Erikson's prose changes to complement each character's setting and background, though this comes off as a pro and a con. On the positive hand, the prose is adjusted to fit certain situations, such as the sole setting of a ship for “The Lees of Laughter's End”. Sailing jargon is used in copious amounts, and usually in places that lend an overt hint to readers who don't normally walk on sea legs. On the other, negative hand, the prose is sometimes extremely confusing to decipher, especially when written for mysterious characters and events. More than once I found myself re-reading entire paragraphs to gain a better understanding of what was happening before I felt comfortable in continuing. Still, this isn't too frequent an occurrence, and did not detract from my enjoyment of the story.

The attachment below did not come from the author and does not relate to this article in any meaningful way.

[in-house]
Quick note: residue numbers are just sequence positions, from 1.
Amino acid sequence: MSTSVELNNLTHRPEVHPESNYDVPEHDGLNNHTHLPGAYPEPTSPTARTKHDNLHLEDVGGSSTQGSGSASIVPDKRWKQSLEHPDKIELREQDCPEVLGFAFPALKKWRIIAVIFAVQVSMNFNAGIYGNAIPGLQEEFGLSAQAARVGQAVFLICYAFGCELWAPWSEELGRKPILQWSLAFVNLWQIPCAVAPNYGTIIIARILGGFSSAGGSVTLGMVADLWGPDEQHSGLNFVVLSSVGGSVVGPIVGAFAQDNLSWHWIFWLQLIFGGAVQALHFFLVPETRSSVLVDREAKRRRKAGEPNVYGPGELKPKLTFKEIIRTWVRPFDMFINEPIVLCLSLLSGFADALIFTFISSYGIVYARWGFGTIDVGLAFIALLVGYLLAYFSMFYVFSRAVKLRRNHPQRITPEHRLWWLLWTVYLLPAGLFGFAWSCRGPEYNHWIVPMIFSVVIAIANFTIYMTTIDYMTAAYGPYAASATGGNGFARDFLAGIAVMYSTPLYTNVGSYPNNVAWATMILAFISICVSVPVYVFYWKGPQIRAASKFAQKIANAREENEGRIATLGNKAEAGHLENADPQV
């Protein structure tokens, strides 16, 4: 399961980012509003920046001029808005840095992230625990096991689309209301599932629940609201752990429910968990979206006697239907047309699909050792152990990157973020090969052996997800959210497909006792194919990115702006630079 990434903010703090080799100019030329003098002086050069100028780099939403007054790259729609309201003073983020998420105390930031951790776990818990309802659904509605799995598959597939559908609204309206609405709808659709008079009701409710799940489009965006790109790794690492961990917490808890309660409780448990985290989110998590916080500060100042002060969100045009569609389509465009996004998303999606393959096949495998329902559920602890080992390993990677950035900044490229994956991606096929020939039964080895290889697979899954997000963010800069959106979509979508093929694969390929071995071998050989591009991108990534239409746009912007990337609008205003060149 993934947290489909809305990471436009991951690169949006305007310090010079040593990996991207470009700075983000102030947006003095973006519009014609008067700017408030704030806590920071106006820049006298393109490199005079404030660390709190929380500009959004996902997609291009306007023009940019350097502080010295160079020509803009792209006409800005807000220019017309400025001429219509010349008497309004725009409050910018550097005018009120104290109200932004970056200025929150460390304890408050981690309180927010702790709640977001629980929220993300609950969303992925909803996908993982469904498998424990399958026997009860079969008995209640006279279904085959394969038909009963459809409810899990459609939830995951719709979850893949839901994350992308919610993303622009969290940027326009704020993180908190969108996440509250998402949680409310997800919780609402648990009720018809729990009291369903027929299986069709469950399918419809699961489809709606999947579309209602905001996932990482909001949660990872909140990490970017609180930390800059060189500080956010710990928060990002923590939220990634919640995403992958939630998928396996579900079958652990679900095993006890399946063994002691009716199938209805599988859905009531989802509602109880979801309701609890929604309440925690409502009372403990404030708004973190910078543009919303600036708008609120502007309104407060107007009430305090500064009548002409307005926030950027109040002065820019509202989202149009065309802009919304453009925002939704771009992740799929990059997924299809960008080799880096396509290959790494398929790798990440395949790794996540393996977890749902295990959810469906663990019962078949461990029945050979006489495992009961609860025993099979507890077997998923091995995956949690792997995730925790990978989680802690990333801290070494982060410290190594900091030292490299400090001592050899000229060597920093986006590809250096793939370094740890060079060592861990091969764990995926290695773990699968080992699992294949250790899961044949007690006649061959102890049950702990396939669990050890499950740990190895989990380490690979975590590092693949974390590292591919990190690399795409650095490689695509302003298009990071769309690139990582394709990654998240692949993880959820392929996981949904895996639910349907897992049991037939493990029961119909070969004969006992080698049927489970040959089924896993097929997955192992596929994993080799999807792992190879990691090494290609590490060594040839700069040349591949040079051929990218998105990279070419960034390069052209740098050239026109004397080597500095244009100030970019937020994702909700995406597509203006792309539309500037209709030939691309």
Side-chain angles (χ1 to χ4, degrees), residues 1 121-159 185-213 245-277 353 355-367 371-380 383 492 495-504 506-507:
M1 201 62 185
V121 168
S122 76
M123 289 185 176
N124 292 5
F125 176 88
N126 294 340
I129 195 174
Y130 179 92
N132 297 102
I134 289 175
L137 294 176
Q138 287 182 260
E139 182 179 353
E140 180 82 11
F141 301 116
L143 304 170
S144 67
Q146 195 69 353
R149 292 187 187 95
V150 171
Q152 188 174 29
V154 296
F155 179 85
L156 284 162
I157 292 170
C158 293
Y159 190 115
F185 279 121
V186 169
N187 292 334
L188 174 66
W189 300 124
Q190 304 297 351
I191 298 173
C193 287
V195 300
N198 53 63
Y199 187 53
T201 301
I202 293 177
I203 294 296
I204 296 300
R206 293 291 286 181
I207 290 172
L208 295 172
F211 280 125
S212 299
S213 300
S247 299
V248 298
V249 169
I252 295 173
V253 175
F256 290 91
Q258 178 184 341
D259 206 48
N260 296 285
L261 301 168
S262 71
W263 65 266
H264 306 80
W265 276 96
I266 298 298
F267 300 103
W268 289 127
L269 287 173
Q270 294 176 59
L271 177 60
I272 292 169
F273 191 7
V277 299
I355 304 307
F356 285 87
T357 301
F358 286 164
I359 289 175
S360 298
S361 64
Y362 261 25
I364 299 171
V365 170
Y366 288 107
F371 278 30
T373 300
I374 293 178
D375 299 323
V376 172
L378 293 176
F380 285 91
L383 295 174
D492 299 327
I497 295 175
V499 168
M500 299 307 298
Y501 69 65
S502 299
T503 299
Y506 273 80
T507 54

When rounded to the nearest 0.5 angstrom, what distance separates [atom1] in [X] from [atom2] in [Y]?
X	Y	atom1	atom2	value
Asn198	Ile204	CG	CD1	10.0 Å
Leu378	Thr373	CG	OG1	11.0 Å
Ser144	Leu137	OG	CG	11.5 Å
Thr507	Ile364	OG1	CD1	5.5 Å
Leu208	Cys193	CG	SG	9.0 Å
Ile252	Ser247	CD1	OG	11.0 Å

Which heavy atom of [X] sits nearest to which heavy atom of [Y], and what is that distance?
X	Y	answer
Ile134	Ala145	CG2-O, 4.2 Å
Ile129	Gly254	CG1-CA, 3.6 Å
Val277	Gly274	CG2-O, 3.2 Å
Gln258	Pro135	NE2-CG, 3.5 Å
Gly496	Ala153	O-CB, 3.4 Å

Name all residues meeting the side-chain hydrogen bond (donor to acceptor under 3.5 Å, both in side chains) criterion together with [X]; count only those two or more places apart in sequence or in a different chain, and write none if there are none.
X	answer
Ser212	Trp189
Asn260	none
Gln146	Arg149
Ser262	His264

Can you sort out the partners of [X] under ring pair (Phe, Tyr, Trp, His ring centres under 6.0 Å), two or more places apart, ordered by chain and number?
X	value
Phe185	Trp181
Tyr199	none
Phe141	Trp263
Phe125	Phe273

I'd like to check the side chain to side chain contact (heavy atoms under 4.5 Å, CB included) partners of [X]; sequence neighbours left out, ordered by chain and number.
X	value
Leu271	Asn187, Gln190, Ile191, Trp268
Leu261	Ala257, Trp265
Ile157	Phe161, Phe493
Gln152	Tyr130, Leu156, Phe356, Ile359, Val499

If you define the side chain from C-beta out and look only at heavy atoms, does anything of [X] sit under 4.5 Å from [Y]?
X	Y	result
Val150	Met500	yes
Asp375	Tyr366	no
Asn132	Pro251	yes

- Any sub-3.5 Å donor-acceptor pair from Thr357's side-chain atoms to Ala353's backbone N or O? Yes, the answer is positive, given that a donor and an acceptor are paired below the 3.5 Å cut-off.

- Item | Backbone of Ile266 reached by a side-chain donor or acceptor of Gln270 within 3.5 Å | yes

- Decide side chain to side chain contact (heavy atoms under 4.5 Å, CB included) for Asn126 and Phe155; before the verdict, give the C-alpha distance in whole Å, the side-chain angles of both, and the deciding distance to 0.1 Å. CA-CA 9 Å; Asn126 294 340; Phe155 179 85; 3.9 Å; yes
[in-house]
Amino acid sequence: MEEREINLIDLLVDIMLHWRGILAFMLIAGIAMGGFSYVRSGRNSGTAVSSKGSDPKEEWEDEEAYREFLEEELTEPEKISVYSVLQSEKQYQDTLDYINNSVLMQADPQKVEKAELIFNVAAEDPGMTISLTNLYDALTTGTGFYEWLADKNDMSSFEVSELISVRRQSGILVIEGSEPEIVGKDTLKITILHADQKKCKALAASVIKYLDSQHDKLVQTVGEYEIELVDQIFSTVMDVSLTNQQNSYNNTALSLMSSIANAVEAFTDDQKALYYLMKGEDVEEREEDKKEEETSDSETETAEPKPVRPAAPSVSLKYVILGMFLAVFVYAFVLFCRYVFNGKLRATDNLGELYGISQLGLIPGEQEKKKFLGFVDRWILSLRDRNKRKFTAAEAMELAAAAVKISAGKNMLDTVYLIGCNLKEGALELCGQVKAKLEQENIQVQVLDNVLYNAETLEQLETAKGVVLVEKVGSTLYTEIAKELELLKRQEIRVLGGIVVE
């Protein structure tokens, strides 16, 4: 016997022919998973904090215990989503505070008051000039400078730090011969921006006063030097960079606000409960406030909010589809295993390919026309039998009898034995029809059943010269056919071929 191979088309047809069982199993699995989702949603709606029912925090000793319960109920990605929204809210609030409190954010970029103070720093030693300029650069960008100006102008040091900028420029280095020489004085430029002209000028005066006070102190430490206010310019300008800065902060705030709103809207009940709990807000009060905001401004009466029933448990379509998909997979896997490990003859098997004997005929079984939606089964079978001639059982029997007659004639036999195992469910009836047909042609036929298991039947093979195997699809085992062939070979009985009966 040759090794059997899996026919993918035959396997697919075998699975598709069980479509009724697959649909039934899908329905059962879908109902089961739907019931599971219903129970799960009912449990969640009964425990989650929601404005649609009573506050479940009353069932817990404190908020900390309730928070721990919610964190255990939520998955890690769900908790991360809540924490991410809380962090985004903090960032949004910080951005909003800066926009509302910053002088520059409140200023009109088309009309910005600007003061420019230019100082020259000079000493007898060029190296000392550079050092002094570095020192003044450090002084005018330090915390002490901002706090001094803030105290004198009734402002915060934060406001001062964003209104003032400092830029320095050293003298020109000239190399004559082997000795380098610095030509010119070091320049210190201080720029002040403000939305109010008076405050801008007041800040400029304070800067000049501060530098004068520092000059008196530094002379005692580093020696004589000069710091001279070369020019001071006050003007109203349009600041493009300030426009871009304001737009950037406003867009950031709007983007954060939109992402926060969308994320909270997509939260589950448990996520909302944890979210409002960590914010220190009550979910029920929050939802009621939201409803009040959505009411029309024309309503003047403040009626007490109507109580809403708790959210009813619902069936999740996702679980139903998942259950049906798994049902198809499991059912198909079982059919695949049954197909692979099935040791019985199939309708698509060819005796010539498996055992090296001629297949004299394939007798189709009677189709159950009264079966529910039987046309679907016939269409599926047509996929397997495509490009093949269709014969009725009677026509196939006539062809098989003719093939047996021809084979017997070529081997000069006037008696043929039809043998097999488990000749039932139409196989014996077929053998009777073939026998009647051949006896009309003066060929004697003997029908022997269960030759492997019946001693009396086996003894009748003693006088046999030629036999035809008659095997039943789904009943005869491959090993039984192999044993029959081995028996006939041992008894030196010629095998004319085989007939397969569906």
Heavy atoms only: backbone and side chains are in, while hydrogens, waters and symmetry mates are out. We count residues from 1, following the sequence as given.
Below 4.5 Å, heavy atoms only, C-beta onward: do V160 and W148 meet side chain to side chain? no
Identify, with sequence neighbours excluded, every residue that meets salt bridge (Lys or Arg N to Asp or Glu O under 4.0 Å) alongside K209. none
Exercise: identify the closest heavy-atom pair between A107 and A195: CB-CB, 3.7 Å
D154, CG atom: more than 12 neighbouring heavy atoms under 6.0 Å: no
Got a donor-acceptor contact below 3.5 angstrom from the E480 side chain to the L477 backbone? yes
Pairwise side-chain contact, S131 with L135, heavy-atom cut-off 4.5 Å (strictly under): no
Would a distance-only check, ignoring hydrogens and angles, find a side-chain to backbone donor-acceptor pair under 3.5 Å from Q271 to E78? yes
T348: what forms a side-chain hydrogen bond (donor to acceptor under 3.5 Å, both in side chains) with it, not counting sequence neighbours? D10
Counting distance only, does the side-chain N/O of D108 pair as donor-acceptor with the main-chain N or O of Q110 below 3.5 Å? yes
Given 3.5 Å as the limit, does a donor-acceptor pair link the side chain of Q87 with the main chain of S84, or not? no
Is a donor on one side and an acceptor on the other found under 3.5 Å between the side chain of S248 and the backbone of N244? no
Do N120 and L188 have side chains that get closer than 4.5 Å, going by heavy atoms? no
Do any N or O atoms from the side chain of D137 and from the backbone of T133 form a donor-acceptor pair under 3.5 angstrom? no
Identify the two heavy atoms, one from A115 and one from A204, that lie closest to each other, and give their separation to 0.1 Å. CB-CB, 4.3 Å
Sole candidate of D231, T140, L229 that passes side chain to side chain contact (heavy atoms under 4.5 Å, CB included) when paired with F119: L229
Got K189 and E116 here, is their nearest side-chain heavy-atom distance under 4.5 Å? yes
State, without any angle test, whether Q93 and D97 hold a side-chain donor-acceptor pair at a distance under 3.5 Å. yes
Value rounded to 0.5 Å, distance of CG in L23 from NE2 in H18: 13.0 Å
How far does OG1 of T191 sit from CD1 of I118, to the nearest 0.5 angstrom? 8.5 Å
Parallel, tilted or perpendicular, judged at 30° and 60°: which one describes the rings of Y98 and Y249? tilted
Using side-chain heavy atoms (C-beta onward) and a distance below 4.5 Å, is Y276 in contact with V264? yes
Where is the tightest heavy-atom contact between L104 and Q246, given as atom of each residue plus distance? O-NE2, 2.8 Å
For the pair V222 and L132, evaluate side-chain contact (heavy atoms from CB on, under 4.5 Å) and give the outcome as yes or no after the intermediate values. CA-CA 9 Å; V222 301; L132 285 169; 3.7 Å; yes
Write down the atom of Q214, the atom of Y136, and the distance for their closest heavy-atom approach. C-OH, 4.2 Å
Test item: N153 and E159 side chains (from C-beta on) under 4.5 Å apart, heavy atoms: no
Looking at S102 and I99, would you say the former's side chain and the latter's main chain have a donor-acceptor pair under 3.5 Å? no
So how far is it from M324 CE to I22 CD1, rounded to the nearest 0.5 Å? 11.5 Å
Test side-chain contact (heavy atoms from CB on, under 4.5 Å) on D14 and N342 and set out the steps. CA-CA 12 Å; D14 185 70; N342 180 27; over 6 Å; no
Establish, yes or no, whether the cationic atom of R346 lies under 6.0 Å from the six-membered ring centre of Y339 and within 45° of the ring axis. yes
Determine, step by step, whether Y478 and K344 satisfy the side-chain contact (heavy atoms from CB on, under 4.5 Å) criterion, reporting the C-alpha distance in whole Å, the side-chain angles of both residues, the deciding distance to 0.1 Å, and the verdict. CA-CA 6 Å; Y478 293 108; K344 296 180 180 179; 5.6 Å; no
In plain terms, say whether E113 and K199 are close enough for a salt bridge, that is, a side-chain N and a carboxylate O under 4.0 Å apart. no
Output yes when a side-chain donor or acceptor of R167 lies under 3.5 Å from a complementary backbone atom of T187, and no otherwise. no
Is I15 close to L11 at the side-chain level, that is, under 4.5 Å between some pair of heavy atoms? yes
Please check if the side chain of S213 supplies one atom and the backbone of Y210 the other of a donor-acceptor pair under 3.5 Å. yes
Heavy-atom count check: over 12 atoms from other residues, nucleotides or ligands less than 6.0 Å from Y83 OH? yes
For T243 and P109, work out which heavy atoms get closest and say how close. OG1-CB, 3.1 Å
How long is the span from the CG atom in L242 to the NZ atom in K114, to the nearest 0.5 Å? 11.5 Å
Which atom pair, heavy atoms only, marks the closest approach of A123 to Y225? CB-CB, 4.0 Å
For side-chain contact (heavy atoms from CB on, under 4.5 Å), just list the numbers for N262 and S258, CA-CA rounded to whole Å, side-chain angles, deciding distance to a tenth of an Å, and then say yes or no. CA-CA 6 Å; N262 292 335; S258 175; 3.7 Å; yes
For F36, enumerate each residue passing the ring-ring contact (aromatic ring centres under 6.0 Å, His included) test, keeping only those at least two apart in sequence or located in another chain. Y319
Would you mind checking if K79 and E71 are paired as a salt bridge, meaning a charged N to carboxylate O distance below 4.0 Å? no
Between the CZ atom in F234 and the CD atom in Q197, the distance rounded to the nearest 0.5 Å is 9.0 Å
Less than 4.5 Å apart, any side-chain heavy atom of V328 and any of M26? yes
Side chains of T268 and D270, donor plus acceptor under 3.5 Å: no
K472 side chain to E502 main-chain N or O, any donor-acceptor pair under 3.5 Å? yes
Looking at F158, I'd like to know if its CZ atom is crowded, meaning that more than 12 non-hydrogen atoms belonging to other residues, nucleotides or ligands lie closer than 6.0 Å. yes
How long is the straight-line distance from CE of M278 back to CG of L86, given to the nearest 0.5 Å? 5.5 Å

As mentioned, Erikson does rely on his characters more than his world to move each story along, but his world does not suffer from this. Each novella constructs a brand new stage upon which to wage action, which helps keep the story stay fresh. Whether in the holds of a ship or in the shady alleyways of Lamentable Moll, the characters make each environment their own, and each provides the perfect backdrop for storytelling.

Bauchelain and Korbal Broach not only combines three novellas that form a complete story, but does so with the fluidity lacking in many 1,000-plus page monsters. For those familiar with Erikson's Malazan books, or for those looking for the perfect introduction to the author's work, look no further than Bauchelain and Korbal Broach.

Reviewed by David Craddock